Some sectors and themes are hard to invest in without incurring high charges. The cost of researching obscure areas in far-away lands can result in a total expense ratio (TER) of more than 2 per cent.
While some of these areas have the potential to deliver significant returns, the corrosive effect of high charges over the long-term can put many investors off.
Here are some funds that provide exposure to these areas at a below-average cost:
Global Equity Income
Standard Life Global Equity Income
has a total expense ratio (TER) of just 1.06 per cent, the lowest in IMA Global Equity Income.
The fund is a top-four performer in the sector over 10 years, with returns of 77.98 per cent compared with the average fund's 43.24 per cent.
Performance of fund vs sector over 10-yrs
Source: FE Analytics
The fund's returns put it in the sector's top half in eight of the past 10 years, the only exceptions being 2008 and 2011 when it slipped to third- and fourth-quartile performance respectively.
took over as lead manager at the beginning of this year, following the departure of Jacqueline Kerr. The fund has a minimum investment of £500.
Five FE-crowned Oceanic Australia Natural Resources
has a TER of just 1.4 per cent, which is well below average for a commodities portfolio.
The fund is certainly not for the faint-hearted and is susceptible to big losses during down periods; however, for investors positive about the outlook for natural resources, this fund is capable of providing significant returns over the long-term.
With an annualised volatility of 39.46 per cent over five years, it has been one of the riskiest funds in the IMA unit trust and OEIC universe. In 2008 alone, it lost 63.2 per cent. However, in the following year it delivered in excess of 114 per cent to investors.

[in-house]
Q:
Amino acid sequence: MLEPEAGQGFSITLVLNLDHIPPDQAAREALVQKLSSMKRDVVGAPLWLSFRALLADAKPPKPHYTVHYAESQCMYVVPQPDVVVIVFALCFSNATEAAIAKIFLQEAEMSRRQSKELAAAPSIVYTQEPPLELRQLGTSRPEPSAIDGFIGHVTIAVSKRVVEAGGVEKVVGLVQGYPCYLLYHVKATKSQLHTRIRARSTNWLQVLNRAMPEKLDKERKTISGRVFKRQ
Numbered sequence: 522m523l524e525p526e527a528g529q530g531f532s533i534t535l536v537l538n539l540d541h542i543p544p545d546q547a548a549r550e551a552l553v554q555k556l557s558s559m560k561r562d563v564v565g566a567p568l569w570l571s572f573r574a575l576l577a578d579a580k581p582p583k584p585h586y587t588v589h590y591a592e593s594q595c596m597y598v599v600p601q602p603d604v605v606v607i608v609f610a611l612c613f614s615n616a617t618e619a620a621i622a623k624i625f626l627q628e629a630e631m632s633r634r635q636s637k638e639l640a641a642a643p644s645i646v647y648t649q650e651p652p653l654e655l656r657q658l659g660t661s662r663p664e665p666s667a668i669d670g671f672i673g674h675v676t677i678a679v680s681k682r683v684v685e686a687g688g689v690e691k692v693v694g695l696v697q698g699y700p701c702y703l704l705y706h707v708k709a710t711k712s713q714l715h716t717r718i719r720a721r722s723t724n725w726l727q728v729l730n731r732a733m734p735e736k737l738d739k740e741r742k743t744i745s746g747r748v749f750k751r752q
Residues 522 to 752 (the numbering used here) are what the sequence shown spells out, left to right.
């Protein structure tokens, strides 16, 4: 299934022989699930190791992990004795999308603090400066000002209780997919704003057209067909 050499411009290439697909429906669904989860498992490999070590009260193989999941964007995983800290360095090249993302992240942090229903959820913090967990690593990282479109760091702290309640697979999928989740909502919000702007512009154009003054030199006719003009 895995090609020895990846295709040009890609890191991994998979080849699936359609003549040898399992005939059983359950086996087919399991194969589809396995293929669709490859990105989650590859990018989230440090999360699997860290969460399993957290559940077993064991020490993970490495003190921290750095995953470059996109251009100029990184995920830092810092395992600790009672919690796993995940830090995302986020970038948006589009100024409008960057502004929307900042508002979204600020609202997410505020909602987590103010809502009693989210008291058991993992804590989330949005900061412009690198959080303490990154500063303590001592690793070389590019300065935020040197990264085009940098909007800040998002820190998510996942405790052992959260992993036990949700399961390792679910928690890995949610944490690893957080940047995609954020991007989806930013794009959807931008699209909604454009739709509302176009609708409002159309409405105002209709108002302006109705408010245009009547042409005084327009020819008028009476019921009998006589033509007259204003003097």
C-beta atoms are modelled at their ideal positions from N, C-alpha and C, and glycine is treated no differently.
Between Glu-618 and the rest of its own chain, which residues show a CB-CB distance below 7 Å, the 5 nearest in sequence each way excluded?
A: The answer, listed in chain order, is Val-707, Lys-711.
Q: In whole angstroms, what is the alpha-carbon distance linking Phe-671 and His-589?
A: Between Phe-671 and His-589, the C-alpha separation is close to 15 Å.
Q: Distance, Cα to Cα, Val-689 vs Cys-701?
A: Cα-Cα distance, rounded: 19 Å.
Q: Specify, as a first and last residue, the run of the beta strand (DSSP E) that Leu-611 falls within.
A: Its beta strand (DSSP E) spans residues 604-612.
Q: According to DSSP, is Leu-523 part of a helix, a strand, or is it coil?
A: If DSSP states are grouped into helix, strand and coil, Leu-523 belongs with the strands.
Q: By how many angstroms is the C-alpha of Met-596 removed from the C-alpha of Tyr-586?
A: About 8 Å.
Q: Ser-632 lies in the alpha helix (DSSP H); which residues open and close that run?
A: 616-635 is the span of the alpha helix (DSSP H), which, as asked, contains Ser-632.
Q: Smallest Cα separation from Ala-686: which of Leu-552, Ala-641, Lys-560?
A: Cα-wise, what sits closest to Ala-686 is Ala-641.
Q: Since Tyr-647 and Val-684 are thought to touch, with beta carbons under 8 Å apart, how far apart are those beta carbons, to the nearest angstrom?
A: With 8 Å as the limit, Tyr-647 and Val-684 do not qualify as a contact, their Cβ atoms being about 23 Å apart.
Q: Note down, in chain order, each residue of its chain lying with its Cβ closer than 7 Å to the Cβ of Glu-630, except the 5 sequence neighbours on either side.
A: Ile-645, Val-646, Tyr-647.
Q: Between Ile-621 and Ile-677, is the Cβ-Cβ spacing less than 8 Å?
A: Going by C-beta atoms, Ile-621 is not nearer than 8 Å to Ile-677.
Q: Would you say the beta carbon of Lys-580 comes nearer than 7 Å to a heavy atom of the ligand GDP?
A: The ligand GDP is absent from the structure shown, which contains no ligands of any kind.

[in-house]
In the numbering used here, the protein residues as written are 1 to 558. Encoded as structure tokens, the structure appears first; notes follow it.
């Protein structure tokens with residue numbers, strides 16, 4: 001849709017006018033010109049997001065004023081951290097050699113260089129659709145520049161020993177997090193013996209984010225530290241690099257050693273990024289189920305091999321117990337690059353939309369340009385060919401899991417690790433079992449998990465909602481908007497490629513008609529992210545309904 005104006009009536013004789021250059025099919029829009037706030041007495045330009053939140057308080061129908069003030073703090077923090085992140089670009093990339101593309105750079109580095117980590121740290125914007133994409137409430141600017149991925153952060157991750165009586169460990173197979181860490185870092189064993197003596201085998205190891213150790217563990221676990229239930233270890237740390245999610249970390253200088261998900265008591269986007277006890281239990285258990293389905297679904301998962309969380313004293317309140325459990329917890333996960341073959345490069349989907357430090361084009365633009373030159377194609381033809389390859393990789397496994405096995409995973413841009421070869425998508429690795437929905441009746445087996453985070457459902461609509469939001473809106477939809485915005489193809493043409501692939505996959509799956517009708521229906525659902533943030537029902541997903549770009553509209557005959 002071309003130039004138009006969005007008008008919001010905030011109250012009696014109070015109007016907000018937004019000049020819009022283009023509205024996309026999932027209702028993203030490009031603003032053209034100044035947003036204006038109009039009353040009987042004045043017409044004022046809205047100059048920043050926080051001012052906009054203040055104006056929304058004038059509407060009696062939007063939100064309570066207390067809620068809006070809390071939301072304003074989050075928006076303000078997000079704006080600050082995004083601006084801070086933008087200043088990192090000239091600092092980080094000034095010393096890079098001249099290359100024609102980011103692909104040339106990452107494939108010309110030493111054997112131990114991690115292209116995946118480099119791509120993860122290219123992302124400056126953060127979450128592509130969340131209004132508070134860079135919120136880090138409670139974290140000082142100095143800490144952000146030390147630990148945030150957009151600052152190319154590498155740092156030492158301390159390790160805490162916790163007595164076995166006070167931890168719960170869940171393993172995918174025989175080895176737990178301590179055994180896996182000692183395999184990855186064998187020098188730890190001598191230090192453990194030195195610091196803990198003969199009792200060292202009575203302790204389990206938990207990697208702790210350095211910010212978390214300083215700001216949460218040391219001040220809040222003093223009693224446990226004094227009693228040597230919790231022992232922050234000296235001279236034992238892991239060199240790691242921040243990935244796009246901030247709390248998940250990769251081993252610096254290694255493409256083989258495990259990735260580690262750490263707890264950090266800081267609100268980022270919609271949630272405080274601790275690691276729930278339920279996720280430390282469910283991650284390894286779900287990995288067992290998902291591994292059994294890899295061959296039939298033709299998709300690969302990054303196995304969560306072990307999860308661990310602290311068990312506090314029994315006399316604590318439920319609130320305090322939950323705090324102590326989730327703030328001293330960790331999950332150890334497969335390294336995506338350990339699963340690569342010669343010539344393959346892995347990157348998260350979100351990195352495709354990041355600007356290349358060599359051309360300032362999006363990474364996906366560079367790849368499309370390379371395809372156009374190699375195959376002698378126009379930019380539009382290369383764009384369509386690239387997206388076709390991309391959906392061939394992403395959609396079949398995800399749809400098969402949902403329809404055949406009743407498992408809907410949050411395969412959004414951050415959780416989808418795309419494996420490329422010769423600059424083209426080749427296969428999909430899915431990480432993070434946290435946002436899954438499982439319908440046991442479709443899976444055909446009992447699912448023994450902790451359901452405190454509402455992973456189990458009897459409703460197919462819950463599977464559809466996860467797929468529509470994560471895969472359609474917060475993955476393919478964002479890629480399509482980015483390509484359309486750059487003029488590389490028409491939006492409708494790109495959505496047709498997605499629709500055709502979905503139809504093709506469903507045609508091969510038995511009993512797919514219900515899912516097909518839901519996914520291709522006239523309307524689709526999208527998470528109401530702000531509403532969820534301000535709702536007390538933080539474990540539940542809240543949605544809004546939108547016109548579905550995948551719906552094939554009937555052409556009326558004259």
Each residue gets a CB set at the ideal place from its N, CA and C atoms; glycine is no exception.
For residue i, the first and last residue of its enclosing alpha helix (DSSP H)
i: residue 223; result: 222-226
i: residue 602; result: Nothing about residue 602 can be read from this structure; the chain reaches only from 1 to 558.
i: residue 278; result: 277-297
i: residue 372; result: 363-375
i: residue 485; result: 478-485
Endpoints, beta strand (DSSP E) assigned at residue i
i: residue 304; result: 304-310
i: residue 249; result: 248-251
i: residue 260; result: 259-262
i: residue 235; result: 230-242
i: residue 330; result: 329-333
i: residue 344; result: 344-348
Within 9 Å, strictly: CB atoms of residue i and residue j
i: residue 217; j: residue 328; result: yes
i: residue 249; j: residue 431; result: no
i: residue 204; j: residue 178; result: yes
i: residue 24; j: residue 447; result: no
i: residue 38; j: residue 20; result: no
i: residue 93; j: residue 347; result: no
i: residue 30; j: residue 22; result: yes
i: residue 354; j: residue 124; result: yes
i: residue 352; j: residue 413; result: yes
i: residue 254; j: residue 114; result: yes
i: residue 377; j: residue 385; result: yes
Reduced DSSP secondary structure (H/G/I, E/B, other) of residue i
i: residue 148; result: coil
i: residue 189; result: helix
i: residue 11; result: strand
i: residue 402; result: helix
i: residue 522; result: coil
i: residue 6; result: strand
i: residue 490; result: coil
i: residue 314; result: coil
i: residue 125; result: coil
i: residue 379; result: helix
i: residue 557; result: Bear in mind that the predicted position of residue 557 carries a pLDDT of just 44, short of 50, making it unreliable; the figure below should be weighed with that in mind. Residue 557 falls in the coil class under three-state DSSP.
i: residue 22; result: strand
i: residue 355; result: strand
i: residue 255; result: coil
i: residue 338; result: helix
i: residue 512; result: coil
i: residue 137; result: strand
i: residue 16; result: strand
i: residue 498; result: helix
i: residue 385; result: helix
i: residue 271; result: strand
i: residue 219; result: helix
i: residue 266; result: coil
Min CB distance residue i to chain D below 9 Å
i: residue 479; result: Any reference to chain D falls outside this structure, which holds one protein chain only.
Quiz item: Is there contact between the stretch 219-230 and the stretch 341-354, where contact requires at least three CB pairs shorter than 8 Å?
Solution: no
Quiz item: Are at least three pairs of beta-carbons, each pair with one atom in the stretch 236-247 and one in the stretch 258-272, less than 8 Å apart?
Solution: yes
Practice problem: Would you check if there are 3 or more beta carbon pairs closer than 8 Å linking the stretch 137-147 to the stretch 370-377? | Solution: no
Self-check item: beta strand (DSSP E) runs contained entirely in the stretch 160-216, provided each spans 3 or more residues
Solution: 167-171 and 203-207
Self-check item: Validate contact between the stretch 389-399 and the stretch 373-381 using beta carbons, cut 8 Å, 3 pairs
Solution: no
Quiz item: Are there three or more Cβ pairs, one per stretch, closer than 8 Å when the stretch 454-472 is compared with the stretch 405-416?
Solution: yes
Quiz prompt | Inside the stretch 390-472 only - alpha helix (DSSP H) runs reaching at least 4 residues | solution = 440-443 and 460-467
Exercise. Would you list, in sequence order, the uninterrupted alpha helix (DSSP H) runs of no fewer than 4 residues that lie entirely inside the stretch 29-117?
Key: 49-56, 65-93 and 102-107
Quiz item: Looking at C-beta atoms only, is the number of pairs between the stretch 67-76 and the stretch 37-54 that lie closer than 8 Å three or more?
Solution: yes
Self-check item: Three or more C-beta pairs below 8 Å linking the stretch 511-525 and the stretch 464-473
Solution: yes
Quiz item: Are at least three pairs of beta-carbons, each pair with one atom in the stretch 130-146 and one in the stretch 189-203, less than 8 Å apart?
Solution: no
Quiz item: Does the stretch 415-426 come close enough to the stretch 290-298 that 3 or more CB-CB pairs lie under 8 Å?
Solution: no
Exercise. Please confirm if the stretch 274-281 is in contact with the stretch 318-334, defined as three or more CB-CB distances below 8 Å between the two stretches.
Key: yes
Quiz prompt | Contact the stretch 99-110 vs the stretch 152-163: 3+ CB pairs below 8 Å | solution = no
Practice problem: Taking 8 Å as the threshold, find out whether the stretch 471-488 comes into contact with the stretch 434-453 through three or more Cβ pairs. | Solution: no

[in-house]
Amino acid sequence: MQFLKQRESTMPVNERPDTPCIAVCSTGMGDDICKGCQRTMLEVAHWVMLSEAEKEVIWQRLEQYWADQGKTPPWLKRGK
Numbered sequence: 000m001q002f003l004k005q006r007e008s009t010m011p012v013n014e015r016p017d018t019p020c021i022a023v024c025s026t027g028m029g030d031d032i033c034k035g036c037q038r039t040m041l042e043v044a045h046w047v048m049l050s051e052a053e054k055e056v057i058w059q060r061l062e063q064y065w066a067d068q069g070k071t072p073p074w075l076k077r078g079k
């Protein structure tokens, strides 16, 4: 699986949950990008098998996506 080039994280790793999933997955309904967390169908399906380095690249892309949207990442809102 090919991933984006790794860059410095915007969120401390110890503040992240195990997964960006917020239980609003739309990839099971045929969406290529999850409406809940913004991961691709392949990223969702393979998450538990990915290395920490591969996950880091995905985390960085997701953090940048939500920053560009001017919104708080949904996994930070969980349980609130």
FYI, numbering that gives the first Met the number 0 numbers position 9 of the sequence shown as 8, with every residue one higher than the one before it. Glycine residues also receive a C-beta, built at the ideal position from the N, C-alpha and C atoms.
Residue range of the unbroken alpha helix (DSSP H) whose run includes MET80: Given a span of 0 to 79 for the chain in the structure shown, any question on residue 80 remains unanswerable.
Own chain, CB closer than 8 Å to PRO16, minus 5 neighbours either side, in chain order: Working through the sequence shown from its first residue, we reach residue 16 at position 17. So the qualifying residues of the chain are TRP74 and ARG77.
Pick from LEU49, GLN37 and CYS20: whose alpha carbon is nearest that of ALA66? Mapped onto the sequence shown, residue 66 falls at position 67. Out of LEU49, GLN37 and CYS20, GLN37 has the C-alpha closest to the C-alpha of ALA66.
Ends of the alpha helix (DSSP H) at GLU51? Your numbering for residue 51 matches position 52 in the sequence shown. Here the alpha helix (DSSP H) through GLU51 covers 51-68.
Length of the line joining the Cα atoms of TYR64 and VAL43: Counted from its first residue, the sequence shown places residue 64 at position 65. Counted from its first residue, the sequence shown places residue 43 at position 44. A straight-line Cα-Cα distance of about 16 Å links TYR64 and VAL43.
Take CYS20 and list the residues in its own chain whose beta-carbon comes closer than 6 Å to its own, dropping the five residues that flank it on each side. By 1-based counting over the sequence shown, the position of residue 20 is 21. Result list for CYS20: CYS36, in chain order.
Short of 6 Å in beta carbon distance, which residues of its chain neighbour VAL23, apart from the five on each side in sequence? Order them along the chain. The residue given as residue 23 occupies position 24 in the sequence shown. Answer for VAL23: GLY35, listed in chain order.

Investment manager Peter Rue says the macro-economic environment is supportive of the fund’s current positioning.
He commented: "We believe that the markets may need assistance from the central banks around the world by injecting more liquidity into the system by way of quantitative easing."
"This should support the commodities markets as money should flow to perceived ‘real assets’, and the commodity with most to gain in this situation should be gold, hence the fund is positioned overweight against the benchmark in precious metals."
Managed by Myles Campion
, the fund has a minimum investment of £5,000. The portfolio has returned 37.04 per cent since its launch in July 2005.
Another fund with high exposure to gold is Investec Enhanced Natural Resources
, which has a TER of 1.68 per cent.
It can take both long and short positions, with gold its second-largest long exposure, behind diversified energy.
Since its launch in May 2008, the £275m fund has returned 11.74 per cent.
FE Alpha Manager Bradley George
runs the portfolio with George Cheveley. The fund has a minimum investment of £1,000.
CF Ruffer Pacific
charges investors a TER of 1.59 per cent to provide exposure to Asia Pacific equities.
It has holdings across the region, with 10 per cent in Sri Lanka, nine per cent in Thailand and just seven per cent in China.
It has returned 38.66 per cent since being taken over by FE Alpha Manager Mary McBain
back in October 2006, compared with 20.83 per cent from its MSCI Asia Pacific benchmark, with less volatility.
Performance of fund vs benchmark since October 2006
Source: FE Analytics
The fund, which sits in the IMA Specialist sector, has a minimum investment of £1,000. It currently has a 13 per cent weighting to Japan.
Sitting in the IMA Global sector, the M&G Fund of Investment Trust
has a TER of just 1.19 per cent, which is well below average for a multi-manager portfolio.
It invests in shares of investment trust companies, with holdings spread through UK- and globally-focused funds.
Aberdeen Asian Income, Henderson Asian Growth Trust and Edinburgh Dragon Trust are among its top-10 holdings, giving it a large exposure to Asia.
The fund is managed by Richard O’Connor
and has a minimum investment of just £500 and a minimum top-up of £10.
According to FE data, it has returned more than its Global sector average over three and 10 years, but has lost more over five.